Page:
Alien Footsteps

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Earlier this year, when the winter snows blanketed most of the UK, strange foot marks like these could be seen all over the place. Little Foot – younger version of big foot? Or a three footed animal? The reality is less tantalising – these were rabbits!!!

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Bellis – A short etymology

Bellis is the scientific name for a family of plants that include the common daisy. The latter derives its name from the saxon word “days eye” which describes the opening of the petals to show the bright yellow centre (eye) in the mornings, to closing them at dusk. The expression “fresh as a daisy” derives from the fact that the flower appears fresh and rested every morning.

One legend has it that the Bellis is named after a nymph or dryad called Belides. According to legend, Belides was dancing in the woods with her lover Ephigeus, and attracted the unwanted attention of Vertumnus, the god of seasons, gardens, fruits and orchards. In order to avoid Vertumnus and protect her lover Ephigeus, she turned herself into the flower we know as the daisy.

Bellis

Roadkill and Daylight Saving

Yawn! The clocks changed in Europe this week to move to summer time. What that meant was that we were all deprived of an hours precious sleep in the morning. 8AM was in reality 7AM! Driving to work this morning, stuck in the usual traffic jams, I go wondering on how changing clocks arbitrarily affects lifeforms that do not wear watches or have a concept of daylight saving time (which includes every known life form other than a small subset of humans that live in parts of Europe, North America, some countries in South America, parts of Australia and New Zealand).

So the question I posed to myself was: is there an increased prevalence of road-kill that correlates with change of clocks? At one level, this may seem a ludicrous question, but it is a logical one nonetheless. Wildlife tend to follow sunlight and sunset to set their circadian rhythms. A part of their eating and roaming habits around human settlements is governed by human activity. Grazing deer and rabbits are common early spring mornings (6-7AM) just before human activity begins, but by 8AM they are all gone into hiding, or away from our sight.  What happens when, suddenly, we decide to change our activity times and begin earlier or later? Is there an increased rate of animals being caught by surprise and getting killed on our roads and highways? How long does this last? Which change of clocks is worse for the creatures, spring or autumn?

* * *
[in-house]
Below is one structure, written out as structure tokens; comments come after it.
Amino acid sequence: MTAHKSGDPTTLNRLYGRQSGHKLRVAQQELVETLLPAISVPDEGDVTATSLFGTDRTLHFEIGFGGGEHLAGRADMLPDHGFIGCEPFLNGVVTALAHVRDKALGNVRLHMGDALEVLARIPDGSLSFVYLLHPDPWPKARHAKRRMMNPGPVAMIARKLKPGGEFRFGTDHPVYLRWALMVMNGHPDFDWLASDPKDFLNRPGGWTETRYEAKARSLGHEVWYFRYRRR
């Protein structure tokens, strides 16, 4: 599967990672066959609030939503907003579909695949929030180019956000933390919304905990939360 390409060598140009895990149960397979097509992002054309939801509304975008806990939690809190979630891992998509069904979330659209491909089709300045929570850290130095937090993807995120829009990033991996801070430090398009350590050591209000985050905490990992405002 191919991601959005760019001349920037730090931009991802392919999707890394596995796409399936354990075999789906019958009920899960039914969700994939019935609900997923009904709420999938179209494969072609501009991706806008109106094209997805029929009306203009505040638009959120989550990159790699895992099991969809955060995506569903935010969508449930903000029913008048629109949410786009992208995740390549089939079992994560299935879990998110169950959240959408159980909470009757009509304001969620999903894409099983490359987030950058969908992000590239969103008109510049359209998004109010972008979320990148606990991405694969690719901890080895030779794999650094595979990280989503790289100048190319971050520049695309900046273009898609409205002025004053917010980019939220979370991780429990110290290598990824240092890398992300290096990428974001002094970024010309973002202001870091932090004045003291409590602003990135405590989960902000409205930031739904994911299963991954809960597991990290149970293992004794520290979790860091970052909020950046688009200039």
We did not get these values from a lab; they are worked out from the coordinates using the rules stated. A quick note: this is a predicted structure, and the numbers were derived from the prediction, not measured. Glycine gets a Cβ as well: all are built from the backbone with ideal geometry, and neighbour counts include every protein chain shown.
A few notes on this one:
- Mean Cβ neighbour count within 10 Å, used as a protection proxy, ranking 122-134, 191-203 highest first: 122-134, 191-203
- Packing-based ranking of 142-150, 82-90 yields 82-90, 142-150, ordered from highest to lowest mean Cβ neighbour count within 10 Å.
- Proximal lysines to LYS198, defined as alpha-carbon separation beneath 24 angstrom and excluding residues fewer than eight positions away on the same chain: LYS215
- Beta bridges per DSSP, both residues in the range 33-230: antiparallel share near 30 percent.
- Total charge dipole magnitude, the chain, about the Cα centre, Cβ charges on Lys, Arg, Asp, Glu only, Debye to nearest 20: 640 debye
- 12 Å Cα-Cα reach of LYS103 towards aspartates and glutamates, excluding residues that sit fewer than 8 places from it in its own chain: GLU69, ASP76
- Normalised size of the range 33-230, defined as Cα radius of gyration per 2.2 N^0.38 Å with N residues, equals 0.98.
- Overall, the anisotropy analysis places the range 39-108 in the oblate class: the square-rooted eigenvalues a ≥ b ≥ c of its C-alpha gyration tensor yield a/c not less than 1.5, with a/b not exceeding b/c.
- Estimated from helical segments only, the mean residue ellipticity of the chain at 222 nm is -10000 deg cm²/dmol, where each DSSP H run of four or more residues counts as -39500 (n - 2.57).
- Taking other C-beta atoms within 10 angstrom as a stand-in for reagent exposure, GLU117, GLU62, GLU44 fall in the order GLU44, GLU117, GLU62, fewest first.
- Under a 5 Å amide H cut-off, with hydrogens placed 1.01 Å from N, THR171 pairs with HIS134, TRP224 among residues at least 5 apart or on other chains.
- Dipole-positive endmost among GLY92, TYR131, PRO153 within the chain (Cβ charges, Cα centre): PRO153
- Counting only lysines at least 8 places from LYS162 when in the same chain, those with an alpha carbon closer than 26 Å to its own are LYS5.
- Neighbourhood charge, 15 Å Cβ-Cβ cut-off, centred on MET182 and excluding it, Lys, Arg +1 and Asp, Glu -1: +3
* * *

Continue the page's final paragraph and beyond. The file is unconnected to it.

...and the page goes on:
It turns out there are others who have asked the same question before? Here are some articles and links that are relevant:

There isn’t much scientific literature to support either argument: that one change of time causes more accidents than the other, or how this affects the rate of animals being killed on the roads. In any case, the effects will be short – at most a day or so before wildlife adapts to changes in human behaviour. Spring certainly does see more road kill (visually). This is potentially directly proportional to the number of animals active on the roads, and the fact that visibility is better now than in October. I would personally believe that the change from summer to standard time probably is more dangerous that the other way around. Suddenly more people are driving in the dark – increasing chances of accidents both between vehicles and with wildlife.

So much for idle thoughts!! 🙂

Here’s hooking at you!

Here's hooking at you!
Articum sp. fruiting body.

Burdock (Genus Arctium) seeds with tenacious hooks that latch on to clothes and skin (I’m still getting some off my fleece jacket!). Traditionally dispersed by cattle. Apparently the roots of this thistle family are edible. Lots of medicinal properties according to Wikipedia.

Camera: Nikon D80 on full manual setting
Exposure: 1/400
Aperture: f6.3
ISO: 200
Lens: Sigma 105mm Macro.
Magnification Ratio: 1:2